Allahabad High Court seeks details of persons killed including post mortem reports of deceased, in police action in Uttar Pradesh amidst the anti CAA protests [Read Order]

[dropcap]T[/dropcap]HE Allahabad High Court yesterday while hearing a Public Interest Litigation (PIL) registered by it suo-motu on the basis of a letter received from Bombay High Court lawyer-Ajay Kumar, directed the Uttar Pradesh Government to furnish the following details before the court:

  1. All necessary details relating to the persons killed in police action in different parts of the State of Uttar Pradesh on December 20, 2019, while protesting the Citizenship Amendment Act, 2019.
  2. The post mortem reports of all the persons killed while participating in the protest on December 20, 2019.
  3. The details of the injured persons and their injury reports pertaining to the injuries suffered by them while participating in the protest on December 20, 2019.
  4. The details relating to all the persons arrested by the police so far in relation to the incidents occurred on December 20, 2019
  5. The details of all the complaints and first information reports filed against police officials and other State authorities pertaining to alleged police access in police action on December 20, 2019, or subsequent thereto.
  6. The details of the steps taken on the reports or the complaints referred in the paragraph above.
  7. The details of the medical aid given to the protesters and other persons who received injuries in police action on December 20, 2019.
  8. The steps taken by the State so far to examine the genuineness of the facts stated in the news reports referred in the E-mail sent to this Court -4- by the petitioner.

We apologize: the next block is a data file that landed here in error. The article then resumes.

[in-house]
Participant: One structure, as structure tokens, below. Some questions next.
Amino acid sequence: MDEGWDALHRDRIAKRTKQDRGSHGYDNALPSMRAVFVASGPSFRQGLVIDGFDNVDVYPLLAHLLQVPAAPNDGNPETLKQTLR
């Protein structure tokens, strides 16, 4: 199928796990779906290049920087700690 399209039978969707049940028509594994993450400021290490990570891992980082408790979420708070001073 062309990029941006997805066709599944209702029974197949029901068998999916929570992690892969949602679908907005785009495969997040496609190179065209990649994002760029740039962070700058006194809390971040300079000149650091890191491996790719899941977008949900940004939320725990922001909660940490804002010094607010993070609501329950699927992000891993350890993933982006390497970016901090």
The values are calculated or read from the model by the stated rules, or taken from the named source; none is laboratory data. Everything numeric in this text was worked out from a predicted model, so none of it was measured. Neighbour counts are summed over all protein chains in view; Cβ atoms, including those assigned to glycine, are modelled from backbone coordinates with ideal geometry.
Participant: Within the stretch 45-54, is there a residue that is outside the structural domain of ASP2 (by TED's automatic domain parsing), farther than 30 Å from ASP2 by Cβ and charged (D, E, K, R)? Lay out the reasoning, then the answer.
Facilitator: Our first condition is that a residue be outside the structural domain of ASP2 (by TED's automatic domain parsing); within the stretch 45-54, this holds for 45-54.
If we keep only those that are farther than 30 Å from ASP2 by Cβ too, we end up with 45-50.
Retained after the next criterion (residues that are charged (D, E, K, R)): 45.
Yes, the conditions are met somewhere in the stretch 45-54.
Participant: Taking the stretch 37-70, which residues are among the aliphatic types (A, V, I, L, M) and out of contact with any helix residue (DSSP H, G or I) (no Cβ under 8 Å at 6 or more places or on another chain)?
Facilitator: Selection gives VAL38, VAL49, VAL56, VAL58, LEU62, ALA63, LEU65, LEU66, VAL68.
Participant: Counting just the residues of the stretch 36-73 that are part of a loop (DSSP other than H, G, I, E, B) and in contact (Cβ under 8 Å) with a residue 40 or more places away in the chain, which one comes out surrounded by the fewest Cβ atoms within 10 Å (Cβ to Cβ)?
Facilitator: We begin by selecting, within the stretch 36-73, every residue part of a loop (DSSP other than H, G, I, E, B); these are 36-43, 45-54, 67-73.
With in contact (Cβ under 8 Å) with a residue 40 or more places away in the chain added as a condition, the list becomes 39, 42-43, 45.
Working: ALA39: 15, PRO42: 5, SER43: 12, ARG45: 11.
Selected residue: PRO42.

During the hearing, the UP government told the High Court that no cognizance of the averments contained in the letter could have been taken as the facts stated therein are not supported by an affidavit and that had not been done as the facts stated were not in personal knowledge of the petitioner. It was also contended that reports published in the newspapers annexed with the letter were having no evidentiary value hence, those could not be a foundation to maintain the writ petition.

On the other hand, on behalf of the petitioner, it was stated that the State agencies acted in the most barbaric manner to crush a democratic protest lodge by the people at large. The police in the name of maintenance of law and order fired gunshots by aiming the people and that caused loss of 23 lives. A big number of people also suffered serious injuries. The State agencies also not accepted the complaints and the first information reports sought to be lodged against the police personnel, who targeted the people with a violent approach to crush the protesters.

Further, according to the petitioner, police also not supplied the copies of the post mortem reports and the injury reports pertaining to the injured persons. No medical aid was also given to the persons injured due to the police action. It is pointed out that most of the persons died had gunshot injuries on the upper part of their body and that reflects the intention of the police to kill the protesters and not to disburse them. The police, as per learned counsel appearing on behalf of the petitioner, made efforts only to create a fear among the people to keep away themselves from lodging protests otherwise there was no issue of causing any injury to the law and order. The demonstration was quite peaceful.